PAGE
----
Social Security recognizes that mental health conditions can significantly interfere with your daily life. If you have symptoms of borderline personality disorder that keep you from working full-time for at least a year, you may be able to receive disability benefits such as Social Security Disability Insurance (SSDI) or Supplemental Security Income (SSI).
Borderline personality disorder (BPD) is a mental health disorder that's characterized by significant mood instability and highly impulsive behaviors. People with BPD have difficulty controlling their emotions and often experience intense changes in their personality over short periods of time.
BPD is usually diagnosed by a mental health professional, such as a psychiatrist, after discussion of signs and symptoms. Common symptoms that could result in a diagnosis of borderline personality disorder include:
Like many related mood disorders, treatment for BPD mostly involves talk therapy and, in some cases, medication. Effective treatment for BPD (such as dialectical behavioral therapy) involves helping you learn skills to successfully manage your emotions, handle stress, and improve relationships.
The Social Security Administration (SSA) has two ways that disability applicants with borderline personality disorder can qualify for benefits:
Social Security evaluates BPD under listing 12.08 for personality and impulse-control disorders. The SSA defines personality disorders as disorders characterized by inflexibility and an inability to adapt to different situations, which causes significant impairment in social relationships or the ability to get or maintain a job.
Meeting the requirements of the listing is a two-step process.
Pervasive pattern of symptoms. First, you'll need to show that you've been diagnosed with BPD and have medical documentation of a "pervasive pattern" (ongoing, not just a one-time event) of one or more of the following symptoms:
Marked or extreme limitations. Then, you'll need to show that your symptoms result in an "extreme" limitation in one, or "marked" limitations in two, of the following areas of mental functioning:
Extreme limitations are more serious than marked limitations. For example, somebody whose BPD causes them to need additional supervision and reassurance in order to complete chores—but who does eventually get them done—might have "marked" limitations in the area of concentrating on tasks.
But somebody who frequently loses their temper and refuses to do a simple chore, such as washing dishes, is likely to have an "extreme" limitation in that area.
If the SSA decides your symptoms don't meet the requirements of the personality disorders listing, the agency will consider whether your limitations should really be keeping you from working. To do this, Social Security will create a mental residual functional capacity (RFC) assessment for you.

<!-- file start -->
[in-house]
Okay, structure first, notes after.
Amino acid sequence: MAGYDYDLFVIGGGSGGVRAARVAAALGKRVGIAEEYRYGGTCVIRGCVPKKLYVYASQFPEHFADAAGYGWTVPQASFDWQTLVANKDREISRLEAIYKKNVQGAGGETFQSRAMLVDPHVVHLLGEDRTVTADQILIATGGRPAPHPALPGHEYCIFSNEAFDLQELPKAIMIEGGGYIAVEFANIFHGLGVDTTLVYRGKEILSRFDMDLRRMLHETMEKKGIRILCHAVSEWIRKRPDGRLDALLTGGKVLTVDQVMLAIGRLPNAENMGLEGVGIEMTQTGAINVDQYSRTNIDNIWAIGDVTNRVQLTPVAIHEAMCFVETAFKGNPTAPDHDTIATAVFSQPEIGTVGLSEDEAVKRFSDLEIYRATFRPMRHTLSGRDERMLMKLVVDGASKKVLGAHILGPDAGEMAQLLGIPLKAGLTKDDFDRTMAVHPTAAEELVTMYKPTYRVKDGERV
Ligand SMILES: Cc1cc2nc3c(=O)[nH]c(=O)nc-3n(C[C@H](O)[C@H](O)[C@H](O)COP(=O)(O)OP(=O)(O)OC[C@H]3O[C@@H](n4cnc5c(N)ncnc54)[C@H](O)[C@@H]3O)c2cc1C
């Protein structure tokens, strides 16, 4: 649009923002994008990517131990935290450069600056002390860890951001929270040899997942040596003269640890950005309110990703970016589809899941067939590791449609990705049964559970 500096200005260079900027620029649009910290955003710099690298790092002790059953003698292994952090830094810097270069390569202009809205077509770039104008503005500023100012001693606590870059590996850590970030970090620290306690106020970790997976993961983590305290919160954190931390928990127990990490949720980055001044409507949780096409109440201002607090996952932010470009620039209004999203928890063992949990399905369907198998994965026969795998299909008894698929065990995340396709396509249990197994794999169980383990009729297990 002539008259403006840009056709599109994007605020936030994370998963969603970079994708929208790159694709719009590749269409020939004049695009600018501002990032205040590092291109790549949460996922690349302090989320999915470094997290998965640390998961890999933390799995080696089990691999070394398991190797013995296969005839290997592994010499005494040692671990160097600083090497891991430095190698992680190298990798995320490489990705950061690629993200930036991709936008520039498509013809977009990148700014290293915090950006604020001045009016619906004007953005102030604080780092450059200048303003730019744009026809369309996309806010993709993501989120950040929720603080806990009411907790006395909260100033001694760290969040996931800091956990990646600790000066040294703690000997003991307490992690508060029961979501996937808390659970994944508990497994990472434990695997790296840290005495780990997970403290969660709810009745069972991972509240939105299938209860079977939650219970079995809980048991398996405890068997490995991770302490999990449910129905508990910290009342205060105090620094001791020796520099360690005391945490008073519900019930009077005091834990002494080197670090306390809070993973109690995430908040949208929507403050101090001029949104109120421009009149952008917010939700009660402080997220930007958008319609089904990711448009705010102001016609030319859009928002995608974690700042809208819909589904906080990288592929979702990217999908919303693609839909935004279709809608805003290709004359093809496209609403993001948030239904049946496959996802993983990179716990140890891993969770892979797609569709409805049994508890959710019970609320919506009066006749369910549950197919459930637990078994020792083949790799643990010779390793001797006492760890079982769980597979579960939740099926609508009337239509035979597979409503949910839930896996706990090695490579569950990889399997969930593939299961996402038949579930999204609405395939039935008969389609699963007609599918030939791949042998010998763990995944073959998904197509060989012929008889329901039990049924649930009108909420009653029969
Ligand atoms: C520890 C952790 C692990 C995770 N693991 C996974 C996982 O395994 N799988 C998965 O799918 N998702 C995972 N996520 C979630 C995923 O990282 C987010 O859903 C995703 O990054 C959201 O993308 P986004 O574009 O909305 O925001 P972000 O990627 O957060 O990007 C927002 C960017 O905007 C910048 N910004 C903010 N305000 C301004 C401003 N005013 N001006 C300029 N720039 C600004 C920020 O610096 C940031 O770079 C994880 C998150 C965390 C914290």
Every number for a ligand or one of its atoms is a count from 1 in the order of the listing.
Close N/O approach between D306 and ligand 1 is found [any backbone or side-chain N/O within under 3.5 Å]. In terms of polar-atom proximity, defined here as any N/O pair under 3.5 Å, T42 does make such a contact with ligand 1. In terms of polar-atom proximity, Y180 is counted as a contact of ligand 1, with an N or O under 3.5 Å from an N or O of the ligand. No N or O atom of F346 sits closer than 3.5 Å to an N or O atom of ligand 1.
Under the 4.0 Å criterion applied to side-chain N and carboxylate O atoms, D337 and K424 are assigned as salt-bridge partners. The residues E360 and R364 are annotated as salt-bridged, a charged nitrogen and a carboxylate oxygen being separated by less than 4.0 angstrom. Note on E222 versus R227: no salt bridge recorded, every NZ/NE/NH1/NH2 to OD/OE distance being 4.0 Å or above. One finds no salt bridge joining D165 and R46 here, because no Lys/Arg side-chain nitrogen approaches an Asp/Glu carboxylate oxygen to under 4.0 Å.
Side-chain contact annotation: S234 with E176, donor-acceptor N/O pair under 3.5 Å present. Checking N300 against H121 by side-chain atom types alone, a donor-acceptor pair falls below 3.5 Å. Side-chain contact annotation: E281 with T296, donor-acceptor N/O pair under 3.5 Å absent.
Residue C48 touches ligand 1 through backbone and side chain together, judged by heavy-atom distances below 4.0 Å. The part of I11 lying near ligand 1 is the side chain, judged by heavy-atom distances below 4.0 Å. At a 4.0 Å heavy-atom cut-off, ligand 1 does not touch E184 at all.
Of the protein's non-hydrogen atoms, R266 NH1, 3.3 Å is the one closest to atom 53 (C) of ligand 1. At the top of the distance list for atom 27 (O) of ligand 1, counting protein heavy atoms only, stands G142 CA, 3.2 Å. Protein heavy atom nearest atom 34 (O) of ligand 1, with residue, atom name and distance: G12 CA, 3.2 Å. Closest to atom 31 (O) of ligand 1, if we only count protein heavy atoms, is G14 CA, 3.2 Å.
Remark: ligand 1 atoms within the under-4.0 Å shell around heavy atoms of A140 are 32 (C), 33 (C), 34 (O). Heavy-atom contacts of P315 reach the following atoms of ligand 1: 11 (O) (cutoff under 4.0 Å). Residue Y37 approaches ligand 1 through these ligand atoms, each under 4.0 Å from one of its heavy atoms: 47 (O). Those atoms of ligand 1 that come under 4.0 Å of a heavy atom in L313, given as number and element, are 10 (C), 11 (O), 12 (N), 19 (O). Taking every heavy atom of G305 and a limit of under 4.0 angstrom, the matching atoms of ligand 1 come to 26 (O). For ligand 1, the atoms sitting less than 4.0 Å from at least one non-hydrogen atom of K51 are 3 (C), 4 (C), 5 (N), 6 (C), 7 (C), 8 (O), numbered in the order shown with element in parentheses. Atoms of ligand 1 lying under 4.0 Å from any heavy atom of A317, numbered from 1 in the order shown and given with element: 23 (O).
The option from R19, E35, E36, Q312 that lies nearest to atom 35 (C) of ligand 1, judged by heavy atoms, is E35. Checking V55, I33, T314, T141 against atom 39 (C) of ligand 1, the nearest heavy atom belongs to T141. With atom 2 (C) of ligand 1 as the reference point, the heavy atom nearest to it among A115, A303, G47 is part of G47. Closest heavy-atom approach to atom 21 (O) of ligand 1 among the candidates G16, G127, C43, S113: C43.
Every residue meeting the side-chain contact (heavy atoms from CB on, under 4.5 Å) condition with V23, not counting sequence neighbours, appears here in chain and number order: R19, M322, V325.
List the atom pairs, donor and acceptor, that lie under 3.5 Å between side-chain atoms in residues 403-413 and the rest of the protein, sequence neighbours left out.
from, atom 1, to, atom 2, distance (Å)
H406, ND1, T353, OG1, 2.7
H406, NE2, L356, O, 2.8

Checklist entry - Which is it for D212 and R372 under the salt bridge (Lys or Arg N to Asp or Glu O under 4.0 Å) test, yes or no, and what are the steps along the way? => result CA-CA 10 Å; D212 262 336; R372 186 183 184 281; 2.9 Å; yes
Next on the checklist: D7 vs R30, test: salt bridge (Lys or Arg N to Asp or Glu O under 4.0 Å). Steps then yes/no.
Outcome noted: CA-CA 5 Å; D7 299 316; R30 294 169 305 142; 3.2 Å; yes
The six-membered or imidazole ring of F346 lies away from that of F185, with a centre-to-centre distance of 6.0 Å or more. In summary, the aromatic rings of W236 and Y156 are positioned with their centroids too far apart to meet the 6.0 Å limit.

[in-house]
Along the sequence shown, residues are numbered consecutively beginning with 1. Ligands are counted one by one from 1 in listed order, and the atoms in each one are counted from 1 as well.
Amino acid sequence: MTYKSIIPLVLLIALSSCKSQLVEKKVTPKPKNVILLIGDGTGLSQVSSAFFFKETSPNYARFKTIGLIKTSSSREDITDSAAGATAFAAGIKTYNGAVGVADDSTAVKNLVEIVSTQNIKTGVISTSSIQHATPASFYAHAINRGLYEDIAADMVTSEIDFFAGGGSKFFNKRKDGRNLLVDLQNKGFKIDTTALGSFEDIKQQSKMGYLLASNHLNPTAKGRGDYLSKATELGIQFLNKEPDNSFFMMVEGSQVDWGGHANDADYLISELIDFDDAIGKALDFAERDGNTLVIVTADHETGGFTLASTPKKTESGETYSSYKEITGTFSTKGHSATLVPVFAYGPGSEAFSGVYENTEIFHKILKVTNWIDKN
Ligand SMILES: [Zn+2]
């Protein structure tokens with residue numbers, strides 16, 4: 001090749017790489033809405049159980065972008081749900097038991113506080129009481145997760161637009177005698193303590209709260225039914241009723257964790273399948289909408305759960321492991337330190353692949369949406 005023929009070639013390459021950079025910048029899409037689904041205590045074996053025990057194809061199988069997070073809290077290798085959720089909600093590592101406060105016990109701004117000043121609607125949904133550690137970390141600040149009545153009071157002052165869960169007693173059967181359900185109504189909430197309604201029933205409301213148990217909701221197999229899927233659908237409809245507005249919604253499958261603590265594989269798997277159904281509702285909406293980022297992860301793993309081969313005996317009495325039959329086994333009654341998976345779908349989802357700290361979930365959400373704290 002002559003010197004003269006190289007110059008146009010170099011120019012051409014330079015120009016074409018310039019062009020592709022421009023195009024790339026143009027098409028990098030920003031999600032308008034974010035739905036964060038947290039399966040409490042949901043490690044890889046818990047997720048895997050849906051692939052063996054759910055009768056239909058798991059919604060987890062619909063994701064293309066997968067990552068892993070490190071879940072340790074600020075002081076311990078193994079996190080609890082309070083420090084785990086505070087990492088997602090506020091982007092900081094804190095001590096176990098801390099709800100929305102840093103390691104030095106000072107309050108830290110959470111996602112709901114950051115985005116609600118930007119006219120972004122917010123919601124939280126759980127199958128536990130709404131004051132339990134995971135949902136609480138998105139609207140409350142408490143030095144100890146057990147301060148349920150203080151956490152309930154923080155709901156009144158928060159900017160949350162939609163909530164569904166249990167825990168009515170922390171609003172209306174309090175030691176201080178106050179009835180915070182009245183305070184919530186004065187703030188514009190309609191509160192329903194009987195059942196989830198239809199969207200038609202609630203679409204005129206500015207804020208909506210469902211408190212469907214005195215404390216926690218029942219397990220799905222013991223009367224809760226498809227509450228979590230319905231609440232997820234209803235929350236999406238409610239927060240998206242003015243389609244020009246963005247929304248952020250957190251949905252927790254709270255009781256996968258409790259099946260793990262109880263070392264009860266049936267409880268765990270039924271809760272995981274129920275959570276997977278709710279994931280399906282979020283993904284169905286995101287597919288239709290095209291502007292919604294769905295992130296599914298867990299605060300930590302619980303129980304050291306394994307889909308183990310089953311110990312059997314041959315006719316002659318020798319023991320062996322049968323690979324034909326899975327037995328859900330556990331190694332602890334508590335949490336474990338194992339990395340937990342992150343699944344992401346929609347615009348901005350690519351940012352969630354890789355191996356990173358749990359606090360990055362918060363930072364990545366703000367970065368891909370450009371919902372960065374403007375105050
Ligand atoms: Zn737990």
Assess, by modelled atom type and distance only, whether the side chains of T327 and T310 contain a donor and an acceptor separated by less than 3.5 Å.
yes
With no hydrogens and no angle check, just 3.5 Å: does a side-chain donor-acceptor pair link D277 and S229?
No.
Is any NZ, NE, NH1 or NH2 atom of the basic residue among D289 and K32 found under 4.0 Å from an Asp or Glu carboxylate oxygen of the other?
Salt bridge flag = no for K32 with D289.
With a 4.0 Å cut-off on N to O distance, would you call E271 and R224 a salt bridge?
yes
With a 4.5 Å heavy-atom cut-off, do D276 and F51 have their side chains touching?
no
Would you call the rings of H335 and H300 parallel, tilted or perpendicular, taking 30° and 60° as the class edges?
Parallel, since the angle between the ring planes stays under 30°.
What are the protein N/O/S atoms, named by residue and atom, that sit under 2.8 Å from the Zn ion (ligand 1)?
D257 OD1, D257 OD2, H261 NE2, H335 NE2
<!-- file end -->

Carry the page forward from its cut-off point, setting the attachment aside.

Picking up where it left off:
A typical RFC for someone with BPD would list the mental limitations that make it difficult to hold down a full-time job. For example, an inability to control emotions and being easily angered are some obstacles that can prevent people with BPD from working full-time.
Additionally, BPD symptoms could make interactions with coworkers difficult or prevent proper responses to reasonable suggestions from supervisors. Anger problems can cause issues in customer service positions.
While some jobs are more solitary in nature, even in those positions an inability to control your emotions (such as becoming so frustrated at a task that you don't finish it) can result in a loss of workplace productivity.
Impulsive behavior can also have a significant impact on your decision-making process. Employers are unlikely to hire and retain employees who leave the work station too frequently or call out too many times.
Social Security wants to see your specific symptoms and any laboratory findings from your psychiatrist or psychologist, as well as the effect of your impairments on your functional abilities and how long your impairments are expected to last. You should submit the following to the SSA with your disability application:
Your medical records are the foundation of your disability application, so make sure you keep the SSA in the loop if you start a new treatment or begin seeing a new provider. If you haven't been able to access regular medical treatment for your borderline personality disorder, learn more in our article on getting approved for disability benefits without having seen a doctor.
About 85% of people with borderline personality disorder have other mental illnesses that are "comorbid" (meaning occurring at the same time) with a condition like:
Additional conditions that often overlap with BPD include antisocial personality disorder, avoidant personality disorder, and intermittent explosive disorder. In children, oppositional defiant disorder can sometimes be a precursor to BPD.
For more information, see our article on mental illness and Social Security disability.
Updated June 27, 2023